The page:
Life is what you make it. You are the storyteller of your own book and only you can write the ending.
On this day (March 2), Claudette Colvin became the first person to challenge the racial segregation in intrastate public transportation. Nine months prior to Rosa Parks, 15-year-old Claudette refused to give up her seat to a white woman. Educated about black history and her constitutional rights, Claudette recalls years later, “I couldn’t get up that day…History kept me stuck to my seat. I felt the hand of Harriet Tubman pushing down on one shoulder and Sojourner Truth pushing down on the other.” Ms. Colvin was one of four women plaintiffs in Browder v. Gayle, the court case that successfully overturned bus segregation laws in Montgomery and Alabama.
Colvin’s story had long been muted within the civil rights era narrative. In 2009, Phillip Hoose gave voice to Colvin’s story with his book: Claudette Colvin: Twice Toward Justice. Hoose’s book is available for purchase in the Schomburg Gift Shop.
Source: Truths You Won’t Believe
Debunking more lies and racist misinformation about black men. Stop the ignorance and start to question why these myths exist in the first place, if not to demonize black men and promote the image of us as inherently criminal and violent and incapable of being educated.
Happy 31st Birthday Lupita Nyong’o! (March 1st, 1983)
Autum Ashante was accepted into the University of Connecticut at age 13.
Stephen R. Stafford II entered Morehouse College at the age 11 with three majors.
Tony Hansberry II at age 14 developed a time reducing method for hysterectomies at Shands Hospital
Honor them by sharing this post.
"I had reasoned this out in my mind, there was one of two things I had a right to, liberty or death; if I could not have one, I would have the other. I freed a thousand slaves I could have freed a thousand more if only they knew they were slaves." —Harriet "OG" Tubman.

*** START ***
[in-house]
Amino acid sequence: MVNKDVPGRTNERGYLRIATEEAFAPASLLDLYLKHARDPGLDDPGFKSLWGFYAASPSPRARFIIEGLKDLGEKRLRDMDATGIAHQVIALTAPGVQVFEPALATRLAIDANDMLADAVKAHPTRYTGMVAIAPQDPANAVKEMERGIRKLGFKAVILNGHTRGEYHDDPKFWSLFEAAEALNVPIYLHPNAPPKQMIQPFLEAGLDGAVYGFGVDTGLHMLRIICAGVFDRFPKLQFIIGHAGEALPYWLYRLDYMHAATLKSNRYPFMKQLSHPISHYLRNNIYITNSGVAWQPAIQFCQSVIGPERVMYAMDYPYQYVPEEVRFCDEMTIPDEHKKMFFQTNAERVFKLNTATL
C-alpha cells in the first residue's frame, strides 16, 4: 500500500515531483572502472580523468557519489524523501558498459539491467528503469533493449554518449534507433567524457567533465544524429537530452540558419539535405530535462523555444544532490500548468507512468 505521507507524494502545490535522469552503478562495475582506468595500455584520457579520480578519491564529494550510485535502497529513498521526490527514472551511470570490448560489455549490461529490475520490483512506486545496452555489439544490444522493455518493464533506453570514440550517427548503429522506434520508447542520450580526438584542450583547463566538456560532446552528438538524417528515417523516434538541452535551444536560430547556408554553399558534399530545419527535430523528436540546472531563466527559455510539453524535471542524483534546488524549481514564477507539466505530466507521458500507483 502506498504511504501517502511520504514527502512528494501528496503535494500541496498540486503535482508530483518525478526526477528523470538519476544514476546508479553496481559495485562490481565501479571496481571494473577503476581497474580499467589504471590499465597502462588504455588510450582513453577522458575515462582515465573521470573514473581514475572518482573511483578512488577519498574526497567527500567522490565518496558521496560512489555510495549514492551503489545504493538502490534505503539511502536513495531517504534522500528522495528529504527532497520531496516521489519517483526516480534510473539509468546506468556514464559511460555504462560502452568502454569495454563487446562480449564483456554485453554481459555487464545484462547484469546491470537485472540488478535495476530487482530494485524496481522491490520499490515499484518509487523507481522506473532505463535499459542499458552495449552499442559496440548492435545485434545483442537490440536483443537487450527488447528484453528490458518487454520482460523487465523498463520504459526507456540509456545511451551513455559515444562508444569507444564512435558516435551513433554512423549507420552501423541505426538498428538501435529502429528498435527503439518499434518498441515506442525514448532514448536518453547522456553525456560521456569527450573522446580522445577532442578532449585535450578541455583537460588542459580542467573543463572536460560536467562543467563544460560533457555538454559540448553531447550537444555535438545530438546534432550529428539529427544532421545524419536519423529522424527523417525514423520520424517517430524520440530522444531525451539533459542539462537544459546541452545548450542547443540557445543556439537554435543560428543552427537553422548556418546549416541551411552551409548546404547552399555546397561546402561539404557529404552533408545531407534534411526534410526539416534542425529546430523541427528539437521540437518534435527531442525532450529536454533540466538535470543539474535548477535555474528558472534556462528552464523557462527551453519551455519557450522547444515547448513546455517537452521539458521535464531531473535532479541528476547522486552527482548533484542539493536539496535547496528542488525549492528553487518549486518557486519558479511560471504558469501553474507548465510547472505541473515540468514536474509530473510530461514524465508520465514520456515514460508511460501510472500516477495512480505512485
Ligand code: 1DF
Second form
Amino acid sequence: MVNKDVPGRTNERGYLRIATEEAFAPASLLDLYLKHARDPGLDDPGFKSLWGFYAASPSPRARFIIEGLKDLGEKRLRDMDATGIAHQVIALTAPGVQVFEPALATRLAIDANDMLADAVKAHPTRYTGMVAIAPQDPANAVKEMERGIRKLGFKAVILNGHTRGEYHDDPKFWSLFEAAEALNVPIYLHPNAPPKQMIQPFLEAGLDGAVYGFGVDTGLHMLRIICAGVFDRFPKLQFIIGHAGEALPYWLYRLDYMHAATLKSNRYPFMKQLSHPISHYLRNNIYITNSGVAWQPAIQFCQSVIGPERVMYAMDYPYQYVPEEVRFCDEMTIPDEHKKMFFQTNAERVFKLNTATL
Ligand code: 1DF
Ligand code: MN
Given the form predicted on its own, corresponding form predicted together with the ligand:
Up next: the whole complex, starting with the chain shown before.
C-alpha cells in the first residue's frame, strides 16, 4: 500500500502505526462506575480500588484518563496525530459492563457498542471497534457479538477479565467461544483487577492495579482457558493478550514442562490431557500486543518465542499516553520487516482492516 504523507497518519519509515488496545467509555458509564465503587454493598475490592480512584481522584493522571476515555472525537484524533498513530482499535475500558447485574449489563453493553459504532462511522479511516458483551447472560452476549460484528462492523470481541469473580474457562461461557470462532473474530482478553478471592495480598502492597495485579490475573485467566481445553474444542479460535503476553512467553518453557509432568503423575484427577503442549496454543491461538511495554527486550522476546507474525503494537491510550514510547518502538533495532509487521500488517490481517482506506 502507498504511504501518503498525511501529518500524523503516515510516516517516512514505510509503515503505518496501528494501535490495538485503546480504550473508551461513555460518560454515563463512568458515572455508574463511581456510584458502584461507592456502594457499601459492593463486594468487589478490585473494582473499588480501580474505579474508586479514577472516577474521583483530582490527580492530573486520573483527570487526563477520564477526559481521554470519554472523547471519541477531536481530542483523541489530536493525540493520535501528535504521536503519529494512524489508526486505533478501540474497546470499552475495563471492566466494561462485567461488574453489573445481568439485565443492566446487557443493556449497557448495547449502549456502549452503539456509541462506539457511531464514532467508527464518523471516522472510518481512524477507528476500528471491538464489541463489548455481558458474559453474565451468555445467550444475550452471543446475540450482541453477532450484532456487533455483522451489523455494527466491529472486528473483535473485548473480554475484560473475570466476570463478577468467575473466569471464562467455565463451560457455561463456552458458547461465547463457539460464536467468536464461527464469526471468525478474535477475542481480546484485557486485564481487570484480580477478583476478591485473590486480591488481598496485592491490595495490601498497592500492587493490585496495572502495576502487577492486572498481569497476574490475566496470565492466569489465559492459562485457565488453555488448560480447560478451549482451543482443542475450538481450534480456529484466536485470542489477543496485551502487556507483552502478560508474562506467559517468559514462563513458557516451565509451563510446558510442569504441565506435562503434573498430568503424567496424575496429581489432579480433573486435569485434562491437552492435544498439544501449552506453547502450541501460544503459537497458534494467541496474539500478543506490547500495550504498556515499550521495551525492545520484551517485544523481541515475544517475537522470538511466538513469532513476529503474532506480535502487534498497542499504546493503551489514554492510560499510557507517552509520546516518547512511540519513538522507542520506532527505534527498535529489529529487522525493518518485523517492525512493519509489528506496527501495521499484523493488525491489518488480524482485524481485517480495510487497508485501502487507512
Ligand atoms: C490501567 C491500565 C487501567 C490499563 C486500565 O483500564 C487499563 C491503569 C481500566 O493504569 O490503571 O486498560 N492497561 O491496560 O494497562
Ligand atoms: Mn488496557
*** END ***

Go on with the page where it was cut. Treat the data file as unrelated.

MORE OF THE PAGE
Feb. 13 2014
Throughout the late 19th century, and well into the 1950′s, Africans and in some cases Native Americans, were kept as exhibits in zoos. Far from a relic from an unenlightened past, remnants of such exhibits have continued in Europe as late as the 2000′s.
Throughout the early 20th century, Germany held what was termed a, “Peoples Show,” or Völkerschau. Africans were brought in as carnival or zoo exhibits for passers-by to gawk at.
Only decades before, in the late 1800′s, Europe had been filled with, “human zoos,” in cities like Paris, Hamburg, Antwerp, Barcelona, London, Milan, and Warsaw. New York too saw these popular exhibits continue into the 20th century. There was an average of 200,000 to 300,000 visitors who attended each exhibition in each city.
Carl Hagenbeck of Germany ran exhibits of what he called, “purely natural,” populations, usually East Asian Islanders, but in 1876, he also sent a collaborator to the Sudan to bring back, “wild beasts and Nubians.” The traveling Nubian exhibit was a huge success in cities like Paris, London, and Berlin.
The World’s Fair, in 1889 was visited by 28 million people, who lined up to see 400 indigenous people as the major attraction. The 1900 World’s Fair followed suit, as did the Colonial Exhibitions in Marseilles (1906 and 1922) and in Paris (1907 and 1931) which displayed naked or semi-naked humans in cages. Paris saw 34 million people attend their exhibition in six months alone.
Just four years shy of the 20th century, the Cincinnati Zoo kept one hundred Sioux Native Americans in a mock village at the zoo for three months.
"…Colonial Exhibitions in Marseilles (1906 and 1922) and in Paris (1907 and 1931) which displayed naked or semi-naked humans in cages.”
1931 is 80 years ago. People are still alive today that were around then. White people be like “it was my ancestors, 400 years ago” damn no it was your grandparents and their families going to these exhibits!